"I was one of those guys who grew up as a fan of the Opry. Although I was born in Winston-Salem, and was a 'suburban hillbilly', my granddaddy Hamilton was a real mountain man out of Beaver Creek, Ashe County, North Carolina, who came to Winston-Salem to work on the railroad. My earliest memories of country music were sitting on my granddaddy's knee and listening to the Grand Ole Opry on Saturday night. It was a magical, wonderful fairyland in the sky to me, like the air castle of the South, you know. We'll, when I was about twelve or thirteen years old my parents let me catch the Greyhound bus and go to Nashville; I had saved my money from my paper route. I stayed at the YMCA, across from the old National Life building, and I got me a room on the corner where I could look down and see Red Foley and Ernest Tubb and all my heroes going into the National Life building to rehearse 'The Prince Albert Show' on Saturday morning. When I saw them go in, I ran across the street and went up to the fifth floor, where I knew the rehearsal would be held; I was a real backstage spook. And when I got up there, there was Chet Atkins leaning against the wall. I was so thrilled. And I walked up and said, 'Mr. Atkins, my name is George Hamilton. I'm from North Carolina and I just think you're great.' He just sort of yawned in my face and I thought, 'Man, this is the rudest guy I ever met.' I didn't realize how very shy he was, how unassuming. Anyway, I went away with my feelings hurt because I was so disillusioned. A little later in the morning I was watching the rehearsal and I heard somebody say, 'Hey, kid.' And I turned around and it was Chet. And I said, 'Yes, sir?' And he said, 'I'm gonna get a haircut. You wanna go with me?' So we went down to the Hermitage Hotel barbershop and I went in and watched him get a haircut. He didn't say three words to me, but it was just such a nice gesture. He realized that I was a hopeless fan and although he wasn't a backslapper and glad-hander and a loud-personality kind of guy, in his own quiet way he took me under his wing. After the haircut, we were walking back to the National Life building and he said, 'George, would you like to come backstage at the Opry tonight?' and I said, 'Are you kidding? I'd love to.' He said, 'We'll, meet me back in the alley there' And Chet took me backstage and introduced me to Hank Snow-I still got Hank's guitar pick that he gave me that night-and to Ernest Tubb. All those people were so kind to me; I didn't have anything to offer them, but they were so good to me. And Chet stands out in my mind because my first impression was that he was a cold fish, and he turned out to be the warmest of them all."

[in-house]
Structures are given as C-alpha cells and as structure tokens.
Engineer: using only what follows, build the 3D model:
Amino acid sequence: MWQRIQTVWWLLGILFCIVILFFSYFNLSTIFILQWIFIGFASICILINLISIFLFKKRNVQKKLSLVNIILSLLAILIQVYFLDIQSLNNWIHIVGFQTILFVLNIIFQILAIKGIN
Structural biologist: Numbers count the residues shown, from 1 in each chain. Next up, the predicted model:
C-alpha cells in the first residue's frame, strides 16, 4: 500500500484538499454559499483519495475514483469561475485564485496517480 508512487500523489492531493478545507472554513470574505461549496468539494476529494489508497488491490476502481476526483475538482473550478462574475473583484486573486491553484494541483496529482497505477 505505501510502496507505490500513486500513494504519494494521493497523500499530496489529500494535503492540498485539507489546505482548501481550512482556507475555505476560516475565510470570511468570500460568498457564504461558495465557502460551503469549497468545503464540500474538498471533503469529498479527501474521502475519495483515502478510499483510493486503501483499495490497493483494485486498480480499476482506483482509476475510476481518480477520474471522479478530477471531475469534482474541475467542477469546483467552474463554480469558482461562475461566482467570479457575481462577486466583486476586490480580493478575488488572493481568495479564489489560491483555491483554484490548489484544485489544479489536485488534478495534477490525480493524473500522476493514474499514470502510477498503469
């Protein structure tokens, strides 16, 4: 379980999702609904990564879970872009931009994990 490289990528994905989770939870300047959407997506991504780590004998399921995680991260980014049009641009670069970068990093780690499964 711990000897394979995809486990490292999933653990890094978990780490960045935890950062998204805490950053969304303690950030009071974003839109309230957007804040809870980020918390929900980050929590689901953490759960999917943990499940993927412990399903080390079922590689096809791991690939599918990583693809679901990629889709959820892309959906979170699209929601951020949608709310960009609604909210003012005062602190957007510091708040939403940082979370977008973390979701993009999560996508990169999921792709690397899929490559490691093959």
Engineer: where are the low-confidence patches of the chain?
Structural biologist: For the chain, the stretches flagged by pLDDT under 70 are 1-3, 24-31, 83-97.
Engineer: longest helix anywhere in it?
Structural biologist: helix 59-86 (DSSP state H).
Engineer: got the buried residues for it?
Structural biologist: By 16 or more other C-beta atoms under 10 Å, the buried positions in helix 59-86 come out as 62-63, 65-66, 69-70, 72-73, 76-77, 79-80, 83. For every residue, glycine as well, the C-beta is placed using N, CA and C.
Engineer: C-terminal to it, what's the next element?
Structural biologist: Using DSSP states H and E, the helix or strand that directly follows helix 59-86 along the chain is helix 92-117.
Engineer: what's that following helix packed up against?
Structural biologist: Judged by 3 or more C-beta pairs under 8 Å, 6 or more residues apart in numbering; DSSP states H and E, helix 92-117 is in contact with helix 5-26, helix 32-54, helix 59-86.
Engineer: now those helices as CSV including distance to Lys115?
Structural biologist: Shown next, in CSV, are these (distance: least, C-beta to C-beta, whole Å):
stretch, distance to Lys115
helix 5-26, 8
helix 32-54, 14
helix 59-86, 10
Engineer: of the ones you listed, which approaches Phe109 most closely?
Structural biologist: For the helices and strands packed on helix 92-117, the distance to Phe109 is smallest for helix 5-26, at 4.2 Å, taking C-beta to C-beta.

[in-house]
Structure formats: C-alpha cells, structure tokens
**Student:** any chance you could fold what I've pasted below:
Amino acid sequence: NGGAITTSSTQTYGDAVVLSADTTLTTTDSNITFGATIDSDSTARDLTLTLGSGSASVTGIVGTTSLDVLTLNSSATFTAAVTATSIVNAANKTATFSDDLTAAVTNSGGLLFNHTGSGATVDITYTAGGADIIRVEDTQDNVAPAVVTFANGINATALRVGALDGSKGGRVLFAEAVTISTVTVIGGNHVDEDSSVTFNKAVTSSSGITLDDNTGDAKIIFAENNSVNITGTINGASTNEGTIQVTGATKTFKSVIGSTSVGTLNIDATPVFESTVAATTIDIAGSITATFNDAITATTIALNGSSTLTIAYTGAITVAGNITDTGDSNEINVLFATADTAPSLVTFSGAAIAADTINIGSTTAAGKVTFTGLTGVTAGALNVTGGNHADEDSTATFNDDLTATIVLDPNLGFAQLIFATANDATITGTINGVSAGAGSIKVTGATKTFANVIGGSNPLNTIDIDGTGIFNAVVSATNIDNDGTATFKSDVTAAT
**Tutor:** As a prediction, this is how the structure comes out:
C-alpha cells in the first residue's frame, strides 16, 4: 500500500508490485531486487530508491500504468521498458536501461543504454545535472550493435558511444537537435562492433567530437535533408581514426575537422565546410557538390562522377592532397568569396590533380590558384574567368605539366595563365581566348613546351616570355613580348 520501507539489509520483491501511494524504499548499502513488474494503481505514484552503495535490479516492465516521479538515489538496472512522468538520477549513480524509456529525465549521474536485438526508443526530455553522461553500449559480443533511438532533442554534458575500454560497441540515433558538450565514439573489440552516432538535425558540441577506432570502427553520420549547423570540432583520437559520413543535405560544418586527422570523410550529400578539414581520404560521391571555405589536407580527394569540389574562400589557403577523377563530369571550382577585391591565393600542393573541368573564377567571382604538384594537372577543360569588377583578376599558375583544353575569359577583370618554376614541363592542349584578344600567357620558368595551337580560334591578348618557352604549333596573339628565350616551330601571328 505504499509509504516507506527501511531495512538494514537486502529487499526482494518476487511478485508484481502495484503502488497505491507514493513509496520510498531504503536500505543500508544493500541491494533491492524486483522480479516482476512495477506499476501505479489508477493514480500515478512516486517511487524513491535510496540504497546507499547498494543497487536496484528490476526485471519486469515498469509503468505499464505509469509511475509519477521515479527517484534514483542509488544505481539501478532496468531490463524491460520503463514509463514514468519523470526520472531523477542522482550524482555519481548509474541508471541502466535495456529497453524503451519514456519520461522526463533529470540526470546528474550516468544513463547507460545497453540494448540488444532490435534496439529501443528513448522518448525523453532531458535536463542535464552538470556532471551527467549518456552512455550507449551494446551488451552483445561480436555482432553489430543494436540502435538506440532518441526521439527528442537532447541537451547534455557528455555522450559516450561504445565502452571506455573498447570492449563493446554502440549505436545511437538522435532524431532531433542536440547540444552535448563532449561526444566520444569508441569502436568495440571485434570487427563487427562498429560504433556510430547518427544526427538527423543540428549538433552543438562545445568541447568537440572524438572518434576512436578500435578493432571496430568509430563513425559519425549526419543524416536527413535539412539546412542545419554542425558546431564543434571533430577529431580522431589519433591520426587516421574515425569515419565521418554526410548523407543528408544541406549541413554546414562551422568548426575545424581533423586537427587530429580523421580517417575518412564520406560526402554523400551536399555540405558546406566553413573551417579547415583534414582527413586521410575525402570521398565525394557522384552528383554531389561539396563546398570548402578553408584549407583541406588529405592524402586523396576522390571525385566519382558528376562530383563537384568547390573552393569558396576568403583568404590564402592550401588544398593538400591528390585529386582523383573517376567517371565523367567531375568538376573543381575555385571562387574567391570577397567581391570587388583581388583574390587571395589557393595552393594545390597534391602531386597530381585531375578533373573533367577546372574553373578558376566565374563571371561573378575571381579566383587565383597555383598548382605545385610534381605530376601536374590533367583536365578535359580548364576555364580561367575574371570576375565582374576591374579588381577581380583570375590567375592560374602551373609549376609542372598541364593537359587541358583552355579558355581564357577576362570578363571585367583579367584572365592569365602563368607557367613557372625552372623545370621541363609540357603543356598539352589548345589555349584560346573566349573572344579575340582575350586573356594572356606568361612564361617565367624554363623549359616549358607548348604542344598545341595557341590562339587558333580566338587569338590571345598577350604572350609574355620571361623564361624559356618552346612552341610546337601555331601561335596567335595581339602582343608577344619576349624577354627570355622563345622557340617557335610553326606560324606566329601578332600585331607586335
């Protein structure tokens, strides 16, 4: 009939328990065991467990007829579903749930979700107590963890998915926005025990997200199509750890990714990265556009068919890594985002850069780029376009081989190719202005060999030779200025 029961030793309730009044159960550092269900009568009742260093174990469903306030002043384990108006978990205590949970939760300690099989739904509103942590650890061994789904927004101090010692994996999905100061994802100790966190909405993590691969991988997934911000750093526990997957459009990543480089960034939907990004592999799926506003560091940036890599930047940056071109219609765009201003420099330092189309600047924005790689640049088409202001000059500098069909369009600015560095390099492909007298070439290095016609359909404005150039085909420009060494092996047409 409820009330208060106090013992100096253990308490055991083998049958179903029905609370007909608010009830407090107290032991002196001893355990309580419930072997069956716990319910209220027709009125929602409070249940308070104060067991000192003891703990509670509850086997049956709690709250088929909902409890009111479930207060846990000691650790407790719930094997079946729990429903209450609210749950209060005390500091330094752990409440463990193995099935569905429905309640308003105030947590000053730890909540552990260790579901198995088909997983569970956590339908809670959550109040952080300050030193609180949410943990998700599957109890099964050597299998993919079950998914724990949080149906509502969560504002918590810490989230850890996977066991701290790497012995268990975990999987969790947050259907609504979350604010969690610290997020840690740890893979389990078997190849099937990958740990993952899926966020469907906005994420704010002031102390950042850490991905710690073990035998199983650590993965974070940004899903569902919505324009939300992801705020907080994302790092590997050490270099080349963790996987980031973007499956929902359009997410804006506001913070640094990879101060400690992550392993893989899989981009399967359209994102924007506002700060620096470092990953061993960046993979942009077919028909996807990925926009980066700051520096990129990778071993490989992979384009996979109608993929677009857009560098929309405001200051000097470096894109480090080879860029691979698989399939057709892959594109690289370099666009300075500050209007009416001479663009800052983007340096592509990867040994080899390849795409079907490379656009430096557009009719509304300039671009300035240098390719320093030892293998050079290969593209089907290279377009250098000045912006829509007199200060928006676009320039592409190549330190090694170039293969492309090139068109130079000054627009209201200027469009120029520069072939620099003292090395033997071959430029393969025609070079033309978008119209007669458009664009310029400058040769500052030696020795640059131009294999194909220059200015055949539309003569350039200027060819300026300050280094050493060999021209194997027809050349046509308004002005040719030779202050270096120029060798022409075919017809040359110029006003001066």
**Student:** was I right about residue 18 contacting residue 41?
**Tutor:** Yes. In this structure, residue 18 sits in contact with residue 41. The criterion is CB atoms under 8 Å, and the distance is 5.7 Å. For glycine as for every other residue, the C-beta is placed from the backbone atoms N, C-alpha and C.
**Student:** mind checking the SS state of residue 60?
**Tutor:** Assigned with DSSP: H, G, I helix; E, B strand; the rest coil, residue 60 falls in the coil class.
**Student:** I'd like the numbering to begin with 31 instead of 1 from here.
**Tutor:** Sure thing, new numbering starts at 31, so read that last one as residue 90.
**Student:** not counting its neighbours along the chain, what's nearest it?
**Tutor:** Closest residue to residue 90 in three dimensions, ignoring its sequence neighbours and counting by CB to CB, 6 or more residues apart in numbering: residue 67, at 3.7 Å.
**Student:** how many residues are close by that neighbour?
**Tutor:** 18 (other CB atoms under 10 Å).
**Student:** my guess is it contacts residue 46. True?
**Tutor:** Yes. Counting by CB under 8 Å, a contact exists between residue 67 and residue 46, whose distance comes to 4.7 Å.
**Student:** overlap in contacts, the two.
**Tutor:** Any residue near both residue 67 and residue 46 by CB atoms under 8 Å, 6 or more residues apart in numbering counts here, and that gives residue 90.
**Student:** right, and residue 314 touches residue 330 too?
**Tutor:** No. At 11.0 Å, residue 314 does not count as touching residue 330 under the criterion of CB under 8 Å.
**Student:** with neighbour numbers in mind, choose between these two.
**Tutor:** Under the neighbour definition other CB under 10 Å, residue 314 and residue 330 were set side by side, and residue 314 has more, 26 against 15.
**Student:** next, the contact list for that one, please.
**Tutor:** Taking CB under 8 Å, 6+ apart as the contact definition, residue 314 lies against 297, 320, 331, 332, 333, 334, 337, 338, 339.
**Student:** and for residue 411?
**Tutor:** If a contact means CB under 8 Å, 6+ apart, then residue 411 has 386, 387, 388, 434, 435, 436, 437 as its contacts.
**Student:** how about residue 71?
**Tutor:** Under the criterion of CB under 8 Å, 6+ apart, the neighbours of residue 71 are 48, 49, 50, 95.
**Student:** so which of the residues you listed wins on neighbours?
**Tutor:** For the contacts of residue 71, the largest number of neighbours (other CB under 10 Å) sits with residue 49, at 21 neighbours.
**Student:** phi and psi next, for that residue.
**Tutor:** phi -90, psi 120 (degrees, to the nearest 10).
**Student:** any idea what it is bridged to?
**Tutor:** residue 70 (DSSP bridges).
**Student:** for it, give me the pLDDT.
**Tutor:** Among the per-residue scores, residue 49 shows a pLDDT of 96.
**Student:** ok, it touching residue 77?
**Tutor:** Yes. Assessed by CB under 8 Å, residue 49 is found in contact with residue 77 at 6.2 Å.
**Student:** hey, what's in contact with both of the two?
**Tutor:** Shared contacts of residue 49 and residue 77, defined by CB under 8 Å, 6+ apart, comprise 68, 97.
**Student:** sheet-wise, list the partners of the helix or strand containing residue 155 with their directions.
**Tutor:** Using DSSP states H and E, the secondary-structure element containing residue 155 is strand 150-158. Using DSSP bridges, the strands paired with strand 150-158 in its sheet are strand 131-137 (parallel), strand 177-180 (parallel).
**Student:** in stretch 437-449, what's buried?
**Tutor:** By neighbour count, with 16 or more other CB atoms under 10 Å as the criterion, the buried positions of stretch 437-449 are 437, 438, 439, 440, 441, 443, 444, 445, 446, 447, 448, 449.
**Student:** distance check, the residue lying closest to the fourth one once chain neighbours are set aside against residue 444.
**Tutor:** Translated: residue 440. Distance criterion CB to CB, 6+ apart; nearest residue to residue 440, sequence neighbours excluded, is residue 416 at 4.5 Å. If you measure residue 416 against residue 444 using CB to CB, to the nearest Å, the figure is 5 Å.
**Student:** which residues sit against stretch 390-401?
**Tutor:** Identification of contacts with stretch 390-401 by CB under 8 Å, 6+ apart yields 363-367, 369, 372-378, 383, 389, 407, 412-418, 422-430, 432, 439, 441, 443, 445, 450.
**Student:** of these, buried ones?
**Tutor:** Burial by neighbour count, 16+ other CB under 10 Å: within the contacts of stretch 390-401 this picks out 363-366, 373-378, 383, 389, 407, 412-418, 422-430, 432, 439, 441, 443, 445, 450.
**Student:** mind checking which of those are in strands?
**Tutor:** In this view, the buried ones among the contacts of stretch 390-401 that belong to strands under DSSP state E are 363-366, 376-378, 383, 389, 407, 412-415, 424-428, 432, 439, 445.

I will tell you from having met George Hamilton that he is one of the nicest people you will ever meet. He is very unassuming and is someone that you can have a fine conversation with. And his voice sounds as great today as it ever has. He just released a new recording of Hank Williams' gospel songs.

On February 6, 2010, George was honored at the Opry for 50 years of membership. I was there that night and it was a great evening. Here is the Opry's line up from that night:

7:00: Bass Pro Shops
Jimmy Dickens (host); Jeannie Seely; Chris Young
7:30: Cracker Barrel
Mike Snider (host); Jean Shepard; George Hamilton IV
8:00: Humana
Jim Ed Brown (host); Jimmy C Newman; Sandi Patty; Opry Square Dancers
8:30: Dollar General
Bill Anderson (host); Jesse McReynolds & the Virginia Boys; Oak Ridge Boys

Congratulations to George Hamilton IV


  1. Fred here:

    What a wonderful story about George's visit to Nashville! His experience with the kindness of Chet and Hank and E.T.matches my experience with 90 percent of the country-music personalities I have met. May our music never lose that.

    As to George himself, I have come to really love and respect his music over the past 50 years. For starting out as a pop-singing college boy, he has "kept it country" better than 95 percent of the good ol' boys.

  2. Great tribute to a great person who reminds me of a line Red Smith used to use about some people he knew: nobody had to tell George Hamilton IV about class; he sees it every morning in the mirror when he shaves.